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A Grown-Up Conversation About Hemp

Jim Finnel

Fallen Cannabis Warrior & Ex News Moderator
Hemp is an environmentally friendly, sturdy and durable plant with an interesting history. But before getting into the history, I'd like to clear things up because when people hear hemp, they automatically think marijuana. Comparing hemp to marijuana is like telling Grandma Steward that the beautiful ornamental poppies in her yard could be used for recreational purposes, too. I think she would be quite appalled at the comparison.

One way hemp and marijuana differ is in the levels of molecular compounds each contains. Hemp has a high percentage of an anti-psychoactive compound - meaning can't get you stoned - which counteracts the very low level of the psychoactive compound; whereas marijuana is the other way around. Basically, if someone tried to smoke hemp, it would show a great lack of intelligence on his or her part. Furthermore, if someone tried to eat hemp, that person should make sure to be close to a toilet because hemp is so fibrous that eating it is like the equivalent of taking three, or more, strong laxatives - and you still don't get a buzz.

Since that discussion is out of the way, we can move on to more grown-up information - like the environmental benefits, uses and history of hemp.

The environmental benefits from growing hemp include: less water use, shorter growing season, no pesticide or herbicide use, no need for chlorine bleaching when being processed, and it purges the soil of weeds for future crops to be planted in the same field.

Traditional uses of hemp include: using it for canvas, rope and clothing. Through technological advances, it can also be made into building products, like medium-density fiber board, beams or studs, or used for cars - the largest use for hemp fiber in Germany is for automotive panels. Hemp can also be consumed internally for its nutrient-rich properties.

Hemp oil and seeds contain unsaturated essential fatty acids and amino acids. The amino acids in hemp oil are similar to "complete" proteins like milk, eggs or meat. In recent years hemp oil and seeds in food have come under legal attack in the U.S. due to a trace level of the psychoactive compound found in hemp; the plant is regulated to contain 0.3 percent or less of the compound. In 2004, after years of court appeals, a Ninth Circuit judge ruled that the sale and import of industrial hemp remain legal. Meaning we can buy it from other countries, but it is still illegal for farmers to grow industrial hemp in the U.S. However, it was not always illegal to grow hemp in the U.S.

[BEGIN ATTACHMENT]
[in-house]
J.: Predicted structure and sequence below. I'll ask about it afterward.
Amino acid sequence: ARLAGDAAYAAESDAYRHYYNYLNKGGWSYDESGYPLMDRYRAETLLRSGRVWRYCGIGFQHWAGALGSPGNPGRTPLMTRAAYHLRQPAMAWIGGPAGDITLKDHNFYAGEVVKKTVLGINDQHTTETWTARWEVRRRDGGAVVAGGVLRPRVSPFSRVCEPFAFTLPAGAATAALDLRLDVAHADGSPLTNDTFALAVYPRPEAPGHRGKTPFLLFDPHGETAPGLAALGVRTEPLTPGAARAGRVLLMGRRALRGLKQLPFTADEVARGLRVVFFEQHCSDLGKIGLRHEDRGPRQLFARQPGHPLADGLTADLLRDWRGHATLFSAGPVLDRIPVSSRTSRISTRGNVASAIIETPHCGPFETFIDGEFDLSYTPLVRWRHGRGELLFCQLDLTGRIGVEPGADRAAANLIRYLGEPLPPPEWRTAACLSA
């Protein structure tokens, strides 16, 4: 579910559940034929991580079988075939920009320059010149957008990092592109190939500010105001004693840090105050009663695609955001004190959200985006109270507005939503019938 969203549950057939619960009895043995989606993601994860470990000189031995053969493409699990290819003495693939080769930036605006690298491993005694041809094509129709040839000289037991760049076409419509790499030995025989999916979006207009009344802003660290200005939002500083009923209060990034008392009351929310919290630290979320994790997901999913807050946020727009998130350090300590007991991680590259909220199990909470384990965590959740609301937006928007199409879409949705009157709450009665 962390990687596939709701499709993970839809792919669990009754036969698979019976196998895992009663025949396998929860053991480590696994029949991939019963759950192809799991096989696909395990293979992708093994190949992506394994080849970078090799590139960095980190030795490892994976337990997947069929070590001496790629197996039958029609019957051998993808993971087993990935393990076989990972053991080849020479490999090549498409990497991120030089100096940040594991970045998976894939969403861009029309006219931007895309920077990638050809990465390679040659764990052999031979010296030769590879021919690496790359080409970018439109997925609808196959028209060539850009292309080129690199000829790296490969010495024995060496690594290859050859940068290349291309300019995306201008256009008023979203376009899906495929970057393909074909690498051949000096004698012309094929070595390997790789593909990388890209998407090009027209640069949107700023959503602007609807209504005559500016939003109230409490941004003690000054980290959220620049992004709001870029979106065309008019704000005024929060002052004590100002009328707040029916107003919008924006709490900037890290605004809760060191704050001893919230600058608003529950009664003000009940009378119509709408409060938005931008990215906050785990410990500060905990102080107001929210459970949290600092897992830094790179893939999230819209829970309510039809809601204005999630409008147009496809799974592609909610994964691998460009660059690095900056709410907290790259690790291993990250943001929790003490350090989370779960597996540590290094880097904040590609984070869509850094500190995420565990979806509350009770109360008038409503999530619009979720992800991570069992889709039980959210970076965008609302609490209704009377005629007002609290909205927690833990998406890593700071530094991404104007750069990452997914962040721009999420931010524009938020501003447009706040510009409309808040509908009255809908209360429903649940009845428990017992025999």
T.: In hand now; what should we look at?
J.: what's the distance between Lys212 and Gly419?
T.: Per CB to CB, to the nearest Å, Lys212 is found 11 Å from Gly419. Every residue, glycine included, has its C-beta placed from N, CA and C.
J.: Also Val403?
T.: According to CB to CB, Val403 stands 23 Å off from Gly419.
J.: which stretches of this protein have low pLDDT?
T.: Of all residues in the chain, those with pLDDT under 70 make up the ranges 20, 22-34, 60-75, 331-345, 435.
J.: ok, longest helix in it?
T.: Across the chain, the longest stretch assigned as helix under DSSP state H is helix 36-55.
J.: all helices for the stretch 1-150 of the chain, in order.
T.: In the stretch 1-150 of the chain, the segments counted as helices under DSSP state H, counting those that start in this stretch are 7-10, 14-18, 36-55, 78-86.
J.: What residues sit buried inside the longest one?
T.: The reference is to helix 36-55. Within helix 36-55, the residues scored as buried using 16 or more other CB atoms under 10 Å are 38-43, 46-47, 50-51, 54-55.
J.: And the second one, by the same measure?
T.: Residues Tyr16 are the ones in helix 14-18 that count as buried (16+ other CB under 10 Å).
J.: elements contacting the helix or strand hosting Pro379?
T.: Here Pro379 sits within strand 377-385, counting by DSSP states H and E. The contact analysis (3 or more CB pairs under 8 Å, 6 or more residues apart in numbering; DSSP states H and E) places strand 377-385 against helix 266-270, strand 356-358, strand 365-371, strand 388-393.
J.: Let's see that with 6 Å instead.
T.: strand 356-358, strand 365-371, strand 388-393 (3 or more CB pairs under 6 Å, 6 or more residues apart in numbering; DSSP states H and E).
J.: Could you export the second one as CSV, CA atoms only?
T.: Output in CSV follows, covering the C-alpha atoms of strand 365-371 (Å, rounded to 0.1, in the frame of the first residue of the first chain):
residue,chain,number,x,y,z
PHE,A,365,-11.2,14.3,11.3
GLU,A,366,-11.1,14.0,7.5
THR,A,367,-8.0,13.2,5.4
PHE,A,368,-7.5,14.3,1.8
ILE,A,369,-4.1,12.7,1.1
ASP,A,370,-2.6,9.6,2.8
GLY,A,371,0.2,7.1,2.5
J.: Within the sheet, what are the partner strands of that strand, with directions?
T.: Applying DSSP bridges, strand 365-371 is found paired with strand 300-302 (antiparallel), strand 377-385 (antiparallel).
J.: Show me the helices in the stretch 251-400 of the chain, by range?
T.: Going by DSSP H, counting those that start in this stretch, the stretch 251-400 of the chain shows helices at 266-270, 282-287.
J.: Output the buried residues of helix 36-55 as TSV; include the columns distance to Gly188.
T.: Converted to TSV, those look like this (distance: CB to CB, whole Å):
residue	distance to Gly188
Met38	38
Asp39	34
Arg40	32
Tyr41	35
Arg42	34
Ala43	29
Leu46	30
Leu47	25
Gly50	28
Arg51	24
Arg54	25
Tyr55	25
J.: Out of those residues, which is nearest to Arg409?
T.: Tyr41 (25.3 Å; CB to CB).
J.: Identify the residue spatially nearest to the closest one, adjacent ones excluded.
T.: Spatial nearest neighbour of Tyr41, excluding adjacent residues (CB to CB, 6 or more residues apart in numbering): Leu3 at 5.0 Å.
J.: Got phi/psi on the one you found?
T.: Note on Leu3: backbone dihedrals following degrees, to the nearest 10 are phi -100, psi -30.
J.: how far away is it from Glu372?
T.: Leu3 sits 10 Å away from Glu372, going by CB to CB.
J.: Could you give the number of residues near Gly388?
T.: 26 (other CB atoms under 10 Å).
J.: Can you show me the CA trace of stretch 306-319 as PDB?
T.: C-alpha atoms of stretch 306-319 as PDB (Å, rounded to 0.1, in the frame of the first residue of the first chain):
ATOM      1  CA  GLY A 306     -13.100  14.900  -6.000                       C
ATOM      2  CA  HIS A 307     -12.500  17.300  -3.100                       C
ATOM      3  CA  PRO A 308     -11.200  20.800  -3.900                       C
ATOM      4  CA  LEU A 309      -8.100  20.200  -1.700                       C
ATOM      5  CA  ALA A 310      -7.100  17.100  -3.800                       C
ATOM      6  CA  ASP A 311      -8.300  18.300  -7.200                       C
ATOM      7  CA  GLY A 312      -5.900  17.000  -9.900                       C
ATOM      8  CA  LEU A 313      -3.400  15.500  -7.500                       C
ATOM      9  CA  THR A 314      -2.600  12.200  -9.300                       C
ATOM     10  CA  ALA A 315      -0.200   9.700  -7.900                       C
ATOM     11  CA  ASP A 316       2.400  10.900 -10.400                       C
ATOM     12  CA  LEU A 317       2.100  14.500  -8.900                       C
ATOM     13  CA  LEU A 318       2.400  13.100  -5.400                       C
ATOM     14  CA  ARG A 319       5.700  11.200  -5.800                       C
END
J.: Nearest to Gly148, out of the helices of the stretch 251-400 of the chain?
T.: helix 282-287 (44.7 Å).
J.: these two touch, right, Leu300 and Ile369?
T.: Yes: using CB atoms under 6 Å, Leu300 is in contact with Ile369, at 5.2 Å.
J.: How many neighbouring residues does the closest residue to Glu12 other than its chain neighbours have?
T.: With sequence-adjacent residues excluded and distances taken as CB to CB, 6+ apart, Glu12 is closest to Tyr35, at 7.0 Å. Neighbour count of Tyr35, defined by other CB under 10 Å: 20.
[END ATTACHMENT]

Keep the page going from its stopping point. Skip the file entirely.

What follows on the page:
In fact, during World War II the U.S. Department of Agriculture started a campaign with the slogan "Hemp for Victory" to encourage farmers to grow hemp for rope, canvas and uniforms for soldiers. Farmers started growing hemp and it became a large crop - second to cotton in some southeastern states. So, what happened?

What changed was a definition. A law called the 1937 Marihuana Tax Act taxed people who were growing marijuana and hemp. Except our predecessors understood the difference between hemp and marijuana, so growing hemp was also taxed, yet legal. The definition changed in 1970 when a governmental department, along with help from chemical industry lobbying, changed the 1937 Marihuana Tax Act definition to include industrial hemp in the same category as the narcotic marijuana, therefore making it illegal to grow hemp in the U.S. Unfortunately, not many noticed the change in law at that time because the hemp industry has lost steam, and there wasn't really anyone to argue the case.

Nowadays, industrial hemp is gaining back its value and importance. In 1998, Canada started growing hemp and profits by selling it to consumers in the U.S. Recently, North Dakota state law legalized industrial hemp production because of the potential of the crop to help farmers. Even though the law passed there, farmers still have to get federal permission to grow hemp. So for now we'll just have to continue purchasing hemp from other countries and hope economic and scientific evidence will be considered, eventually allowing industrial hemp to be grown in the U.S.

Eartha Steward is written by Carly Wier, Holly Loff, and Beth Orstad, consultants on all things eco and chic at the High Country Conservation Center, a nonprofit 501(c)3 organization dedicated to waste reduction and resource conservation in our mountain community. Eartha believes that you can walk gently on our planet, even if you're wearing stylie shoes.

Ask Eartha: A grown-up conversation about hemp
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